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Although the full 2023 Commercial Market Outlook will be released just before the Paris Airshow later this month, Boeing already shared some market views this week during a pre-Paris media event in North Charleston. You can view the full presentation from Darren Hulst here, but here are the main observations. Boeing: single-aisles lead the recovery but widebodies are catching up.

Hulst, who is Vice President of Commercial Marketing, said that the passenger market is almost back at 2019 levels, with 97 percent of the fleet back in service and passenger capacity in available seat miles (ASM) nearing 95 percent this summer. In April, global traffic was at 90.5 percent, IATA confirmed on Thursday.

Single-aisle demand is leading the recovery. From this summer, single-aisle capacity will be eight percent up from pre-pandemic levels. Wide-body demand is tracking positively but is still -15 percent of 2019 levels, with regional demand further down at -29 percent.

Since the 2022 Farnborough Airshow, over 1.000 Boeing airliners have been ordered by airlines and lessors. Two-thirds or over 750 aircraft were in the single-aisle Boeing MAX category. 85 Percent of MAX orders are from airlines that already operate another version of the aircraft, with some having ordered three types. Hulst wouldn’t be surprised if a customer will have all four MAX versions in the fleet anytime soon, but publicly, he isn’t aware that any customer has ordered all of them yet.

Widebodies are catching up

Widebodies have been catching up, with Boeing itself taking orders for over 250 787s. There is momentum in all regions and across all aircraft families, Hulst said, as the market wants versatile and efficient twins. Quads will lose market share further more. Last year, ninety percent of widebody capacity were twins, with Boeing claiming a 64 percent share of this as it won many orders for the 787, 777F, 777X, and 767.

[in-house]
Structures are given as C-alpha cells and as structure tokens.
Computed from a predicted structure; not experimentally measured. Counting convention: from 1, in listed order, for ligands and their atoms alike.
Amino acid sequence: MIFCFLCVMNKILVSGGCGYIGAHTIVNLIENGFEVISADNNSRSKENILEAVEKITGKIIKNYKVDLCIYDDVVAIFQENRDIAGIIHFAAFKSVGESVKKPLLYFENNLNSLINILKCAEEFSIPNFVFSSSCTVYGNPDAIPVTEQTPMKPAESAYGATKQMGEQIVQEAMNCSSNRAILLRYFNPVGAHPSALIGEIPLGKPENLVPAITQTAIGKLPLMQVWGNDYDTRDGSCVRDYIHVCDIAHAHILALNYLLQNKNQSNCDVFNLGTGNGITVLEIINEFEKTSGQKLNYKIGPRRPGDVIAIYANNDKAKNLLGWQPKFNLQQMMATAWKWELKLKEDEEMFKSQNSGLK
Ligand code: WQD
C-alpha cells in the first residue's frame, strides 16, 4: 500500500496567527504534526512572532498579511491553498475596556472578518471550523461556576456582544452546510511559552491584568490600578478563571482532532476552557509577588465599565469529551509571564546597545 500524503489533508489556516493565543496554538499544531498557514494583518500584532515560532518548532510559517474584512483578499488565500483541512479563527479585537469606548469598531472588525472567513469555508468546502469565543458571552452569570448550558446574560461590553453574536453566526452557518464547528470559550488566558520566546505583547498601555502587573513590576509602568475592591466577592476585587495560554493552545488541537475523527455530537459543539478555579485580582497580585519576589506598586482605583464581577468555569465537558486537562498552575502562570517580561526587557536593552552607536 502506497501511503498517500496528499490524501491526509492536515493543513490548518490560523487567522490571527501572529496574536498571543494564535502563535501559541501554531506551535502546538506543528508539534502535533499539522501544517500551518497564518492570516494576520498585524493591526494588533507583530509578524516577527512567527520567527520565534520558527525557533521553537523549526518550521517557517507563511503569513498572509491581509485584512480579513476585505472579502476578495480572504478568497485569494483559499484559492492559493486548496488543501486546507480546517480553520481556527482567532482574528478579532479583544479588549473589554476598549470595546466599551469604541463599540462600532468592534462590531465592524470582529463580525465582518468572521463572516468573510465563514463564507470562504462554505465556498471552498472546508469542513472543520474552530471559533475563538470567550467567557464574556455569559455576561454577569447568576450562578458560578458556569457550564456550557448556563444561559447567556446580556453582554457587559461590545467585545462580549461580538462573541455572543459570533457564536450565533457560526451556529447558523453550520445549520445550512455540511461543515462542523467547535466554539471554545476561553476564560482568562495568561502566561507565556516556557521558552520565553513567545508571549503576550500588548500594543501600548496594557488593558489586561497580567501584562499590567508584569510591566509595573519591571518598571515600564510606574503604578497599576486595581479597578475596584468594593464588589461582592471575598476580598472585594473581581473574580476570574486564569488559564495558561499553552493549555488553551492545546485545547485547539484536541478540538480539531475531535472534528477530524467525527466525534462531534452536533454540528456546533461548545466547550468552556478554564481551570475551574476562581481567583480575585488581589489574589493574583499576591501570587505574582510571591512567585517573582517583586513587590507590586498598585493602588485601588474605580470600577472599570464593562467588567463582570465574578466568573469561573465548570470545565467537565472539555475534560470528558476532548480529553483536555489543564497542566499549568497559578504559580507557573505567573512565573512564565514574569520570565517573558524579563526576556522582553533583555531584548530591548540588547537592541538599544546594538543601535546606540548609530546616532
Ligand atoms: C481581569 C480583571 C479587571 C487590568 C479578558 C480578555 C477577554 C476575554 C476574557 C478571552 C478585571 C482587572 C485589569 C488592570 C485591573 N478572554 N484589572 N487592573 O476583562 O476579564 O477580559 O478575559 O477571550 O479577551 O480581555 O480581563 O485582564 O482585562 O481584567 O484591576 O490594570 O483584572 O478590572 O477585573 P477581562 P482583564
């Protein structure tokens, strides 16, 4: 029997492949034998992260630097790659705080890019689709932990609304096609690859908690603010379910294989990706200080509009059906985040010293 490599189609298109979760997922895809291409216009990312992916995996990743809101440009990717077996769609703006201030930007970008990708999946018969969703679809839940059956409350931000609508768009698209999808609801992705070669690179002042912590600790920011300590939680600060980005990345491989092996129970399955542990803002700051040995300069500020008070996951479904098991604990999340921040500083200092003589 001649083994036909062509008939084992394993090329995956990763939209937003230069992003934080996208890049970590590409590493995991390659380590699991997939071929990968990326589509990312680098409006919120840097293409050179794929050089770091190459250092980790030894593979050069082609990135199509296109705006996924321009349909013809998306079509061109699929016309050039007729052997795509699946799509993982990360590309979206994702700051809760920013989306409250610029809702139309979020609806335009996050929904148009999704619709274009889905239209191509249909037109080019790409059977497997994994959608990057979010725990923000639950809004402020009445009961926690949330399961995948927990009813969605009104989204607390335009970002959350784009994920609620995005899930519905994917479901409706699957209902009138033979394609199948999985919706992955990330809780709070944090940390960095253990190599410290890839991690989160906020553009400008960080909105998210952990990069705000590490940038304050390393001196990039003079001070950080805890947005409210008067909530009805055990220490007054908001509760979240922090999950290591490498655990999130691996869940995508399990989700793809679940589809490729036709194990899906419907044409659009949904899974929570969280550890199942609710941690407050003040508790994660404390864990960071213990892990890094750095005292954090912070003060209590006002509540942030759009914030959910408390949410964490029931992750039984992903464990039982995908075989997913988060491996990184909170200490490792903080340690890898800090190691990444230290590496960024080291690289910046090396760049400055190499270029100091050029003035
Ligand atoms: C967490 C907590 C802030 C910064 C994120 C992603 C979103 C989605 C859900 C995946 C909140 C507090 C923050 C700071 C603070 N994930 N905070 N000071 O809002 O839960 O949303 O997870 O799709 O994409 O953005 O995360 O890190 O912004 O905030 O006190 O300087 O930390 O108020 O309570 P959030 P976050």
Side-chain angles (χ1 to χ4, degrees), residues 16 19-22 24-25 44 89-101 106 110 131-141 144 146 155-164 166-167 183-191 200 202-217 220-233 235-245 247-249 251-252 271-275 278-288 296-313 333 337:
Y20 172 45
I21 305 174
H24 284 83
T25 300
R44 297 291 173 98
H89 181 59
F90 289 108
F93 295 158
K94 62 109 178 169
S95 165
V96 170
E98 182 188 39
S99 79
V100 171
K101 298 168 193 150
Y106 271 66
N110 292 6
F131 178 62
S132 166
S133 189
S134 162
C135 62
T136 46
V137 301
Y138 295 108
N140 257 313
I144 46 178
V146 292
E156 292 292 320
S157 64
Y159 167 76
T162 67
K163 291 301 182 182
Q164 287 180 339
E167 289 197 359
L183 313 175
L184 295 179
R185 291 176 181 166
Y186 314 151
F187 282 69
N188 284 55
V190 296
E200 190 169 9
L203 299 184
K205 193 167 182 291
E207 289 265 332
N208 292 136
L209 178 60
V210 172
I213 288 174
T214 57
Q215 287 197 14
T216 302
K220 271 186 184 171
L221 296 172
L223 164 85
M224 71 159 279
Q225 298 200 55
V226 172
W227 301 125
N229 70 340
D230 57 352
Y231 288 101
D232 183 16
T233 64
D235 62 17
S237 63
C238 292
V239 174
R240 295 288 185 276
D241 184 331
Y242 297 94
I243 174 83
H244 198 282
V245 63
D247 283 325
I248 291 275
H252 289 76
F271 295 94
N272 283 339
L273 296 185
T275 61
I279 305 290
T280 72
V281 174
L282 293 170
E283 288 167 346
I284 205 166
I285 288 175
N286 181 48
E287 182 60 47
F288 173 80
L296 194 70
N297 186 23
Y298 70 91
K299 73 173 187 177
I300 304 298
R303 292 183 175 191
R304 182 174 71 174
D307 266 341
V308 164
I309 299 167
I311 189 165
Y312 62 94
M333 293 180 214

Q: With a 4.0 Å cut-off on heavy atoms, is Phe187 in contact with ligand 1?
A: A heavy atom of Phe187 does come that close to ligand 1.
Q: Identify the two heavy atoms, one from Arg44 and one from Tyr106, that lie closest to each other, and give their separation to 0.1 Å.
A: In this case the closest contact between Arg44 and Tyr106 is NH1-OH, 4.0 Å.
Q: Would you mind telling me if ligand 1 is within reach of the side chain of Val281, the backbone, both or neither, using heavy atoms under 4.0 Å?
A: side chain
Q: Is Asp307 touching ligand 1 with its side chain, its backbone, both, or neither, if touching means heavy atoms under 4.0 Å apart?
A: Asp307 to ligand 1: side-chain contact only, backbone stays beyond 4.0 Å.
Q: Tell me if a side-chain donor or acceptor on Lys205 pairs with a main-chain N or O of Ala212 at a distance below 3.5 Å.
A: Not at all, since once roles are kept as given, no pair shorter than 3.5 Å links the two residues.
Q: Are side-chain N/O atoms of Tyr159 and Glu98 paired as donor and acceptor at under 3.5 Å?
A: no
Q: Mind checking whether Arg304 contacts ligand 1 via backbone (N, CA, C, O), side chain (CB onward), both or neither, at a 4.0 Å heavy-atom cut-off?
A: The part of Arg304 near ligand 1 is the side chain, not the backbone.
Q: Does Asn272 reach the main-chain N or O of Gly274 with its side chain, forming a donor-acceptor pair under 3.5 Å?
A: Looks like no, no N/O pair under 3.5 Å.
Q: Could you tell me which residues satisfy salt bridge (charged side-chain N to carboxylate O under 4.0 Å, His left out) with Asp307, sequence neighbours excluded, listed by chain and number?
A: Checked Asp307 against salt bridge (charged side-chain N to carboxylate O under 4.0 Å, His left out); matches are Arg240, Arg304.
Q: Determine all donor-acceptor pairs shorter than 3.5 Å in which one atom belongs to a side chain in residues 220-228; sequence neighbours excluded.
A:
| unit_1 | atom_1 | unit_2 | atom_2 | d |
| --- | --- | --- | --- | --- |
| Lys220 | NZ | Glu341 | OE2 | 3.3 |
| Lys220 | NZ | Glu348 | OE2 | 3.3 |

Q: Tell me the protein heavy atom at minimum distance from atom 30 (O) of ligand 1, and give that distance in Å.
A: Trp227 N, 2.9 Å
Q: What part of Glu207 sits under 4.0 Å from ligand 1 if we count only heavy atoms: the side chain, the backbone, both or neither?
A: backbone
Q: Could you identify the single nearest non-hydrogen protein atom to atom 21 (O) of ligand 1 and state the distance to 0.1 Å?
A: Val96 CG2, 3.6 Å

Some 45 Boeing customers operate more than one version of the 787, which underscores commonality and flexibility. Under half of the order book or 808 aircraft are repeat orders, with 54 of ninety customers being repeat customers.

Hulst said that Boeing will enhance the capabilities of the 787 next year, with an increased Maximum Take-Off Weight for the 787-9 and -10. This adds 4.6 tons to the payload capability of the -9 and 6.4 tons to that of the -10. Alternatively, it extends the range by 310 nautical miles for the former or 430nm to that of the latter.

While airlines prefer smaller twins, Boeing still sees strong demand for large twins like its 777X. Today, large twins with over 340 seats operate between 325 city pairs, which accounts for 25 percent of all widebody flights. It is a huge replacement market of over 1.000 aircraft through 2036 for which the 777-9 is a compelling offer.


Despite a temporary slowdown, Boeing is bullish on the full freighter demand. Over 300 freighters need to be replaced in the next six to eight years, some by converted aircraft but others by new aircraft like the 777-8F or the 777F and the 767-300F. Although new legislation no longer allows these two models to be sold after 2028.

Let’s wait for the full CMO. For reference, here are the 2022 numbers, when Boeing forecasted demand for 41.170 new aircraft over the next twenty years. Of these, 30.880 will be single aisles, 7.230 widebodies, 2.120 regional jets, and 940 full freighters. Over a ten-year period, demand is 19.575 aircraft. 

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Active as a journalist since 1987, with a background in newspapers, magazines, and a regional news station, Richard has been covering commercial aviation on a freelance basis since late 2016.
In 2022, he has gone full-time freelance. Richard has been contributing to AirInsight since December 2018. He is also writing for Airliner World and Aviation News and until July 1 2023 in a part-time role with Dutch website and magazine Luchtvaartnieuws. Twitter: @rschuur_aero.

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